The generation of unsymmetrical ortho-quinone 36 (Scheme 10) was perplexing considering no such product was observed for the C3,C3’-ester model system (26, Scheme 9). The proposed mechanism for the formation of 36 is shown in Scheme 11. Coordination of either palladium or trace HCl (formed from PdCl2(CH3CN)2 by exposure to trace water) sets the stage for ring cleavage which, presumably, is driven by the release of ring strain. The absence of the ester provides a more electron rich ring which facilitates this cleavage by providing a superior coordinating agent for the acid and by better stabilizing the positive charge build up in the upper ring. The subsequent cascade would result in cleavage of the hydroperylenequinone bond. Ketal removal before or after ortho-quinone formation would supply the observed product 36.
A mechanism such as the one shown in Scheme 11 would not be possible for the fully oxidized perylenequinone; hence, we reexamined the oxidation of 39 (Scheme 12). Addition of base during the oxidation step was proposed to facilitate tautomerization of dihydroperylenequinone 35 to perylene 37 which should, in turn, readily oxidize to perylenequinone 6 (Scheme 10). Pleasingly, reaction of 39 with MnO2 and NaOH in a mixture of EtOH and THF afforded the desired perylenequinone 40 (Scheme 12). Unfortunately, ketal removal from 40 was again problematic. In contrast to 31 (Scheme 9), the PdCl2(CH3CN)2 reaction was sluggish with 40 providing less than 20% product after 4 d. Stoichiometric palladium did not to facilitate the reaction and conventional acidic ketal hydrolysis resulted in decomposition.
From the above results, it appears that neither the dihydroperylenequinone (35) or the perylenequinone (40) can withstand conditions need for deketalization. Reasoning that the acidic species (PdII or H+) were activating the carbonyls of these compounds and promoting undesired reactions, the use of a reduced perylene such as 41 (Scheme 13) that should bypass such a manifold was considered. Pleasingly, perylene, 41 was readily formed by reduction of 40 with Na2S2O4 in benzene. Frustratingly, all attempts to alkylate or acylate perylene 41 to provide 42 resulted in reversion to the fully oxidized perylenequinone 40, even though 41 was sufficiently stable to be observed quantitatively by 1H NMR. To our delight, perylene 41 itself was sufficient to alleviate the undesirable properties of perylenequinone 40 and treatment of in situ generated perylene 41 with PdCl2(CH3CN)2 provided a facile hydrolysis of the ketal protecting group. Exposure to air during isolation resulted in reoxidation to the desired perylenequinone 6 in very good yield.
With a practical route to the diketone 6 in hand, the stage was set to investigate the key intramolecular diketone aldol cyclization. Although we proposed such an aldol reaction for the biosynthesis of the hypocrellins, precedent for this type of 1,8-diketone aldol reaction, with the exception of our model system 18, is uncommon. To predict if the stereochemical outcome would be the same as in the model system13 we again turned to molecular modeling (Scheme 14). With 6, a Z-enolate geometry would give rise to the syn aldol product corresponding to hypocrellin A via closed chair-like transition states, while the E-enolate would produce the anti product corresponding to shiraiachrome A.24 An analysis of the relevant transition states revealed that the helical stereochemistry of 6 would expose one diastereoface of the ketone, resulting in the required (S) tertiary alcohol stereochemistry of both hypocrellin A (1) and shiraiachrome A (3). MM2 calculations found that of the two possible Z-enolate transition states, transition state A, corresponding to the configuration of the target hypocrellin A, was lower in energy (Scheme 14). Interestingly, if the reaction were to progress via transition state B, the cyclization of 6 with P-helical stereochemistry would lead to the enantiomer hypocrellin (ent-1), which would equilibrate after cyclization to predominantly the opposite M-atropisomer. Significantly, this approach requires that the helical stereochemistry be sufficiently stable during the aldol reaction, even though it atropisomerizes freely there after. To undertake this proposal, the previously evaluated silazide bases were chosen to effect deprotonation as their use with model system 18 (Eq 1) gave predominantly Z-enolates.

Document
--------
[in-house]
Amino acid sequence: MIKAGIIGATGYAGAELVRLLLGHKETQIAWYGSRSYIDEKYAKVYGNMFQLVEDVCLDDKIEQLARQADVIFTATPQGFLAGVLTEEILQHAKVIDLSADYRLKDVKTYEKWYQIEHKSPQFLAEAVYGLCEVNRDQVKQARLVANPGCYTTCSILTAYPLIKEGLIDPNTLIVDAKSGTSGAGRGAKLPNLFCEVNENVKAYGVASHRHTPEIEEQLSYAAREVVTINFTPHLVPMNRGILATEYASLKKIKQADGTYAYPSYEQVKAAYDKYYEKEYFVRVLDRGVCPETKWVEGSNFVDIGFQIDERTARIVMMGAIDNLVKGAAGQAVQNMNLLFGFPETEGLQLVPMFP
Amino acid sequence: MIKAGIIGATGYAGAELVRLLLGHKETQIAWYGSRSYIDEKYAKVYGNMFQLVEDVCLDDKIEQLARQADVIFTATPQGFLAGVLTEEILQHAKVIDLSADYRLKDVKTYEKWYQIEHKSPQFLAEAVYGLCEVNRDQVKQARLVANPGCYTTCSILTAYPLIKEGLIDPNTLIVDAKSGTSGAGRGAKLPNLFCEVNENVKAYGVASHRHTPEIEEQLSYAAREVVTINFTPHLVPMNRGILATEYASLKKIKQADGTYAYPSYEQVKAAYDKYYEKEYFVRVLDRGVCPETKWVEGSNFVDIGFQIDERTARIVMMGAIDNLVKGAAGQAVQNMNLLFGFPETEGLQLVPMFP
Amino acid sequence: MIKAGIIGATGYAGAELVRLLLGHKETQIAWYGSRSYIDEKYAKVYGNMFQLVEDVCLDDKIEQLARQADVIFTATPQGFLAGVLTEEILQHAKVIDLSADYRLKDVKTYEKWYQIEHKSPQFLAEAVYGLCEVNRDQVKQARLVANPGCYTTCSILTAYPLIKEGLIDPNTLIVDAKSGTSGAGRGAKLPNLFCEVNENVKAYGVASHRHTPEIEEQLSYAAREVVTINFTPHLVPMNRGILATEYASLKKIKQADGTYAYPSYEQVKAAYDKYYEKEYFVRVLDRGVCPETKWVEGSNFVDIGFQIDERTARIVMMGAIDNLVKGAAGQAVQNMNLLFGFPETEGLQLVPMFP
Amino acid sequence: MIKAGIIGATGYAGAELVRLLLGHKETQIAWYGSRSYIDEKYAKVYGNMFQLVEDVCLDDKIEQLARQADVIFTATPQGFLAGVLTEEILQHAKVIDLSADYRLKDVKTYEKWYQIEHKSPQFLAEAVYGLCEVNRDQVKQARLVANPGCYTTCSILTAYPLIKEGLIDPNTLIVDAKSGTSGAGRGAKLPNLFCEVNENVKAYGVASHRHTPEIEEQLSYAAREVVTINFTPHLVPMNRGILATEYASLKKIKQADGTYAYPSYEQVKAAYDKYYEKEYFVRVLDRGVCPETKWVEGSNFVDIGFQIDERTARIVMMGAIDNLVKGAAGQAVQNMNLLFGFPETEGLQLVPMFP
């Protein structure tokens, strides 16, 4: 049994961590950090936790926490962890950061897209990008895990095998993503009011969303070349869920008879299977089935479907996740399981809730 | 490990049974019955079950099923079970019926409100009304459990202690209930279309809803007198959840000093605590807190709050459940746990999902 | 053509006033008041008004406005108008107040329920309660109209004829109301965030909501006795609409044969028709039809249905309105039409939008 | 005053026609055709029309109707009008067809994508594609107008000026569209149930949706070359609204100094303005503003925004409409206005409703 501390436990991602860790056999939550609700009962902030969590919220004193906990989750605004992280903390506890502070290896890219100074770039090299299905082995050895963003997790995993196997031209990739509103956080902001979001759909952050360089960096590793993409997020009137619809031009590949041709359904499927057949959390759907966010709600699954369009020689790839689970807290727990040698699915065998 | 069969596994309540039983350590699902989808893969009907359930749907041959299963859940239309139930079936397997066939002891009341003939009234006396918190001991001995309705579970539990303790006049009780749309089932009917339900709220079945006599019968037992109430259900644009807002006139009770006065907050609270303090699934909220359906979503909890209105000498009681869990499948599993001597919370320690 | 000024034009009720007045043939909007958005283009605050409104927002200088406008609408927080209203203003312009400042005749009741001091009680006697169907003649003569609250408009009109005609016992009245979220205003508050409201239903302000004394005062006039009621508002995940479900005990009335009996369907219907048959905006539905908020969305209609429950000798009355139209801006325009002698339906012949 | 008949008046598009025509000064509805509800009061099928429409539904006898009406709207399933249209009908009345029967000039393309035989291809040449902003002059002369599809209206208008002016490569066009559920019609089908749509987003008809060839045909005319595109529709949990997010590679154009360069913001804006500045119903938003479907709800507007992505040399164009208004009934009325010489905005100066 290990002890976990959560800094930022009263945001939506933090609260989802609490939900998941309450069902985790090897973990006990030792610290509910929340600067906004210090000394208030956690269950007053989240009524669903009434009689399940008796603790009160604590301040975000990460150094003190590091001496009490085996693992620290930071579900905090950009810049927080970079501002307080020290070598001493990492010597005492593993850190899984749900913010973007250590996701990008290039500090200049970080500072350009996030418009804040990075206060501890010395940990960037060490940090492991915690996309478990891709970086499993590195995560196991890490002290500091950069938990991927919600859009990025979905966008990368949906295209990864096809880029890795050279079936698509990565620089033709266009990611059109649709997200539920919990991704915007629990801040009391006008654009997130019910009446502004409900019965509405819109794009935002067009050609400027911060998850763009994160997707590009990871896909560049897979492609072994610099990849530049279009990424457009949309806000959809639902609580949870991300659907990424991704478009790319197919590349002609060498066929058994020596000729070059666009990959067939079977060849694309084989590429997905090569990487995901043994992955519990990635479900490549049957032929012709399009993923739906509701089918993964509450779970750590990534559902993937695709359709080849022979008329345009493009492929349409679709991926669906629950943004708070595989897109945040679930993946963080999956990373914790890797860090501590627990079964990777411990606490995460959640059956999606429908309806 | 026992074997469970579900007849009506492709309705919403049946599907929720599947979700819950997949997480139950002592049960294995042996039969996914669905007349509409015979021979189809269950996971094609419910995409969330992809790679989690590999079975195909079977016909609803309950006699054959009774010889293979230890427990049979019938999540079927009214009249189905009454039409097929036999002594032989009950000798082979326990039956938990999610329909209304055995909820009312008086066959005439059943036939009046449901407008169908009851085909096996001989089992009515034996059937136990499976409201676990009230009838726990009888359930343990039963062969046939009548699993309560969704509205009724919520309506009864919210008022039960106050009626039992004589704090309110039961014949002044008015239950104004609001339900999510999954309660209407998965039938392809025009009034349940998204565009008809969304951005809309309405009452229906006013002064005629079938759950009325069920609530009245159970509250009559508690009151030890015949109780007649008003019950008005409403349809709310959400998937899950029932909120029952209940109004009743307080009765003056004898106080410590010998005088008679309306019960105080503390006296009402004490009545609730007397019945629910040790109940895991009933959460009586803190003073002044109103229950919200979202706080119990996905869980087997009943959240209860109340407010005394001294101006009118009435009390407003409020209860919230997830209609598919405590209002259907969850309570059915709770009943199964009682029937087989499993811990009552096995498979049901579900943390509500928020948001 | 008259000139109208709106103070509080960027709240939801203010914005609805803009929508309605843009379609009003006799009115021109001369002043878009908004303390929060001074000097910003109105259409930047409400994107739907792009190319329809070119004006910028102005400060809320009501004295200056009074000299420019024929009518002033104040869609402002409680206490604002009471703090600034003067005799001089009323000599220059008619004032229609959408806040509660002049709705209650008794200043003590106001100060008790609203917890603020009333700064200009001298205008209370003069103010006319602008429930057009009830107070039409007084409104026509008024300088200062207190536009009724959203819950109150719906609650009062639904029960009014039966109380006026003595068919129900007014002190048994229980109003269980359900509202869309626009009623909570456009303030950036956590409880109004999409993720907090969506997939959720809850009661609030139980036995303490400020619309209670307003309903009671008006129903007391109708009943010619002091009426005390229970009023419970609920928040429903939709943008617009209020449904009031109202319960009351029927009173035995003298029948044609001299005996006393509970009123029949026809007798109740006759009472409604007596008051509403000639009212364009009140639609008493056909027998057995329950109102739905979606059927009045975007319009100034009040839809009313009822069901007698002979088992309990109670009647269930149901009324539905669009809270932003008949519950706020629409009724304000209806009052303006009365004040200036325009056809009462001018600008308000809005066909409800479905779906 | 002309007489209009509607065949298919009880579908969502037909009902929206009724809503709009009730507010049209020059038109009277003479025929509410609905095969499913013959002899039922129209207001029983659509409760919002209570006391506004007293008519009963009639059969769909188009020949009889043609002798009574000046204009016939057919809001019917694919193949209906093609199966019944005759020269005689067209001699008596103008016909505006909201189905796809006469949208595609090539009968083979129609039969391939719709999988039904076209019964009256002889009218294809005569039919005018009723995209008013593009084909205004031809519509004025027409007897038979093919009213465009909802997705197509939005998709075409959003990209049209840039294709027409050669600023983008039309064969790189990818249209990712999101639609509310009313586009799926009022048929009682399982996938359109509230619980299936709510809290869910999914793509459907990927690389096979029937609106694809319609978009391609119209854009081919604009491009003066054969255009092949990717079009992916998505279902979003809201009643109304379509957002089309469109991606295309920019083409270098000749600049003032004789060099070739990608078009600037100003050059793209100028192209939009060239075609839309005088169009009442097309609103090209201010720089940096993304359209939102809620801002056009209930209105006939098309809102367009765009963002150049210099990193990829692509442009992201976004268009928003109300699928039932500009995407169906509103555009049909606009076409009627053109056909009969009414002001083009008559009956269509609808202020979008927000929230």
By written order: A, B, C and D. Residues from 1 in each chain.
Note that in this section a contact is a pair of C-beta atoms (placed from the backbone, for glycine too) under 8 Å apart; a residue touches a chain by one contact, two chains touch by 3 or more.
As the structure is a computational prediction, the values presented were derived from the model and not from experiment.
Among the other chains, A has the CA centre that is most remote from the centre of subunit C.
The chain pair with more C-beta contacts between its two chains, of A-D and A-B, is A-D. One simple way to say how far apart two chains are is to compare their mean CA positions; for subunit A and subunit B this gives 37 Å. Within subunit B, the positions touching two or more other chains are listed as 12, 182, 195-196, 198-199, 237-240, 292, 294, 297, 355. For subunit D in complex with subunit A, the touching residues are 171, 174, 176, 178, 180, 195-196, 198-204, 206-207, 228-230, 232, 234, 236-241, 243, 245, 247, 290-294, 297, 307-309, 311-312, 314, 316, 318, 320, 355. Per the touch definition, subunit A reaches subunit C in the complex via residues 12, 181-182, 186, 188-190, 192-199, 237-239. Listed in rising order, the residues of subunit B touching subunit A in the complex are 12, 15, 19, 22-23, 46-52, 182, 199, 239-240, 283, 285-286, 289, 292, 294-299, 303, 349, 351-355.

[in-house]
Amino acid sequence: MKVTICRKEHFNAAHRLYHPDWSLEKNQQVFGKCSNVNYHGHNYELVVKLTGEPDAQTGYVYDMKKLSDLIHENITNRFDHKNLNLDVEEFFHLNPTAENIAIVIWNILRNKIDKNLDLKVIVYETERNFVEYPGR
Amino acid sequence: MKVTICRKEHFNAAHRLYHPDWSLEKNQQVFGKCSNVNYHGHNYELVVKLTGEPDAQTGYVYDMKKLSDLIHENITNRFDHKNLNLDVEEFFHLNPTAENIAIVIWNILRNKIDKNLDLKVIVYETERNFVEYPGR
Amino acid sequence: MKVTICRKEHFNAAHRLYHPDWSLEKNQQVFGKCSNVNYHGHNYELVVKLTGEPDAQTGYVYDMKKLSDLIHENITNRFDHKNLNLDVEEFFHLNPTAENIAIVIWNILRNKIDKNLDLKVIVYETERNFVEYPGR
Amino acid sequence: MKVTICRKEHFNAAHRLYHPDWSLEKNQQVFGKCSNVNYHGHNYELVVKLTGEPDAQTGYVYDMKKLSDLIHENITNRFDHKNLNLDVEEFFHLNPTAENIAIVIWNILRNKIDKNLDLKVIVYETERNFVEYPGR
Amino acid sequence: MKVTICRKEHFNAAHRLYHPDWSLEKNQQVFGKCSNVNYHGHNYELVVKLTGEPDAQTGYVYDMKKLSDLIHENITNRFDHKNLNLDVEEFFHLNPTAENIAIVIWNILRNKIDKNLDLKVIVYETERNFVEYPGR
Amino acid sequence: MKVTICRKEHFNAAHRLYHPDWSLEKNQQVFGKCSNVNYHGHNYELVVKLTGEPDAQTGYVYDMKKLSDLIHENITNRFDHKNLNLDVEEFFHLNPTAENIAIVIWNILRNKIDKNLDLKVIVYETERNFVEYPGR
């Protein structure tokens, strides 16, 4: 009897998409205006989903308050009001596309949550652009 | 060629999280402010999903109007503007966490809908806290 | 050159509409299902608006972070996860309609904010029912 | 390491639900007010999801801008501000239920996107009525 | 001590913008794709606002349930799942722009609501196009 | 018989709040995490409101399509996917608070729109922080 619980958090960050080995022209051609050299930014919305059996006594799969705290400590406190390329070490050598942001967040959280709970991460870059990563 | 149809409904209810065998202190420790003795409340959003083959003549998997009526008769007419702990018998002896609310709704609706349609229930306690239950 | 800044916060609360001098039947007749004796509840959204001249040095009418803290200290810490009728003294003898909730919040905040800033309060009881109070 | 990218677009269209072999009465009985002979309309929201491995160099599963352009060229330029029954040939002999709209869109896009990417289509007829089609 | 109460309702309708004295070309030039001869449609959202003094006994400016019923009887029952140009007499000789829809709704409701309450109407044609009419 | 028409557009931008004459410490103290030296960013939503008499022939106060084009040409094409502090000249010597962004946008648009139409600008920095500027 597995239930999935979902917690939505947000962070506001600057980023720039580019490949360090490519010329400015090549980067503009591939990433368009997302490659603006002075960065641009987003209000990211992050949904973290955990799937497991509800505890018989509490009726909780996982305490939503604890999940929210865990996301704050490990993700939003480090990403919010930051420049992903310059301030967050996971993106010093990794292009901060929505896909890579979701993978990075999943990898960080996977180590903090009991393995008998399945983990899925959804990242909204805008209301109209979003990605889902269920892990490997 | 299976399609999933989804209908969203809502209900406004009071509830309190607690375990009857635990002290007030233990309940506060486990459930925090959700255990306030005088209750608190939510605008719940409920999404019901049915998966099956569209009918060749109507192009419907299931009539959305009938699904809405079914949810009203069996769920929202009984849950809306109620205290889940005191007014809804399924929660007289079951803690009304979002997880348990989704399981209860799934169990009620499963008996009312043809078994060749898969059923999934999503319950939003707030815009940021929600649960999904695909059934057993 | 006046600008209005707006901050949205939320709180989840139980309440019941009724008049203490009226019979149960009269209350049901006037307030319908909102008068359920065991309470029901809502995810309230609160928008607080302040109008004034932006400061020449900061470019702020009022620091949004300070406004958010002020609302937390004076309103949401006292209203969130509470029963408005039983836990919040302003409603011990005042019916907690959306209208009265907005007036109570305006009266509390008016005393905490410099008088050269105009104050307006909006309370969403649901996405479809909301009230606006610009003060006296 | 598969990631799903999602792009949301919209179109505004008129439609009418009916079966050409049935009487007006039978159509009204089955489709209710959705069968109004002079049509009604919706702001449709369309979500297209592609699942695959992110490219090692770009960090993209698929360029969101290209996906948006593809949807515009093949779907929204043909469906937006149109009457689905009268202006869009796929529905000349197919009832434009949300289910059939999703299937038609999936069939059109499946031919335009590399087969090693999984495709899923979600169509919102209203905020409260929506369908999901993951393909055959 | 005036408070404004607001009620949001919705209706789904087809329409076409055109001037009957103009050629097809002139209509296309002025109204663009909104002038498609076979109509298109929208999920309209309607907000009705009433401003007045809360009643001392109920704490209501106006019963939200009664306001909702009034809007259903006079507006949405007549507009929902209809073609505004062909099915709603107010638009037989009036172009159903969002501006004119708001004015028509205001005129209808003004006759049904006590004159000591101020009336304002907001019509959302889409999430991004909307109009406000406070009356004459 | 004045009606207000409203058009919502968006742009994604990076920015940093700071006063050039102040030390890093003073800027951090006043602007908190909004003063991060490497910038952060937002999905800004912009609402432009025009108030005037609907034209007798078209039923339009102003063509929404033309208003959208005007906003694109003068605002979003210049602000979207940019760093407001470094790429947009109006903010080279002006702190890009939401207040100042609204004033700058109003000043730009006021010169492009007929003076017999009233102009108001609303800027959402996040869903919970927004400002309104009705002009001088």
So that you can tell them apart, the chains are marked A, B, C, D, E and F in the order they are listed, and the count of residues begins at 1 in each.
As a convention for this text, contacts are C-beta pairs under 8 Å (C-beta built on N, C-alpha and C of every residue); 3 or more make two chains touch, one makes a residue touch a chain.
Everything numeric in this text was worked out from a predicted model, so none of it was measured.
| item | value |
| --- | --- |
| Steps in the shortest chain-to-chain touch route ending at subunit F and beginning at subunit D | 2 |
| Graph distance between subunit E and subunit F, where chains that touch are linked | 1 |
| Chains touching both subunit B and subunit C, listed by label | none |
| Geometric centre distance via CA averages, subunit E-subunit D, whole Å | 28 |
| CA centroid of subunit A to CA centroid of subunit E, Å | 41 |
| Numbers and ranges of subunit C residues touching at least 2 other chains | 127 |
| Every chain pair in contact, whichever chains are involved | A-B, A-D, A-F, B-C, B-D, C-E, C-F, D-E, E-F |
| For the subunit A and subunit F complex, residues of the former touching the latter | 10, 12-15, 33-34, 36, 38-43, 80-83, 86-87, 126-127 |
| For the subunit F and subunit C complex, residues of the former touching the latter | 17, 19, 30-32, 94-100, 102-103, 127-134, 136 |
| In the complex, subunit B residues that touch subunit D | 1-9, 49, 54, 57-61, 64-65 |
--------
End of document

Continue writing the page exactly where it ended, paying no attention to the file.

In an examination of the crucial aldol reaction, the diastereomeric ratios reflect the formation of the syn vs anti aldol product, which presumably reflects the ratio of the Z-enolate to the E-enolate, while the enantioselectivity is a measure of the predilection for transition state A over B as seen in Scheme 14. Since the diastereomeric mixture from the cyclization was difficult to analyze, a selective removal of the C4,C4’-methyl ethers with MgI2 was undertaken to yield hypocrellin A (1) and shiraiachrome A (3) (both isolated from Shiraia bambusicola) as a distinguishable mixture. To examine the effect of temperature on the aldol transformation (entry 1–3, Table 3), LiHMDS was chosen to achieve deprotonation. As expected, the cyclization was much more facile than the model system, accompanied with lower diastereoselectivity of the desired syn aldol product (dr 4:1, entry 3). However, it was surprising that even at very low temperatures (−105 °C) the less favored transition state B of the Z-enolate was accessible, leading to lower enantioselectivities than expected (79% ee, entry 3). Use of the bulkier LiN(SiPhMe2)2 enhanced the diastereoselective formation of 1 (dr 10:1) though it did not effect the enantioselectivity (entries 4–5). Fortunately, a single trituration afforded 1 with 92% ee (entry 5). Spectroscopic data from our synthetic 1:1·atrop was identical to the data from hypocrellin (ent-1) from natural sources, with the exception of the absolute stereochemistry, as determined by direct comparison. As expected, the minor diastereomer, 3, resulting from the anti-aldol product was separated by chromatography and confirmed by 1H NMR spectroscopy to be shiraiachrome A. Significantly, in the case of shiraiachrome A (3), the atropisomeric equilibrium after the aldol reaction favors the opposite (M) helical configuration even though both hypocrellin A (1) and 3 originally arose from the same (P) configuration of 6.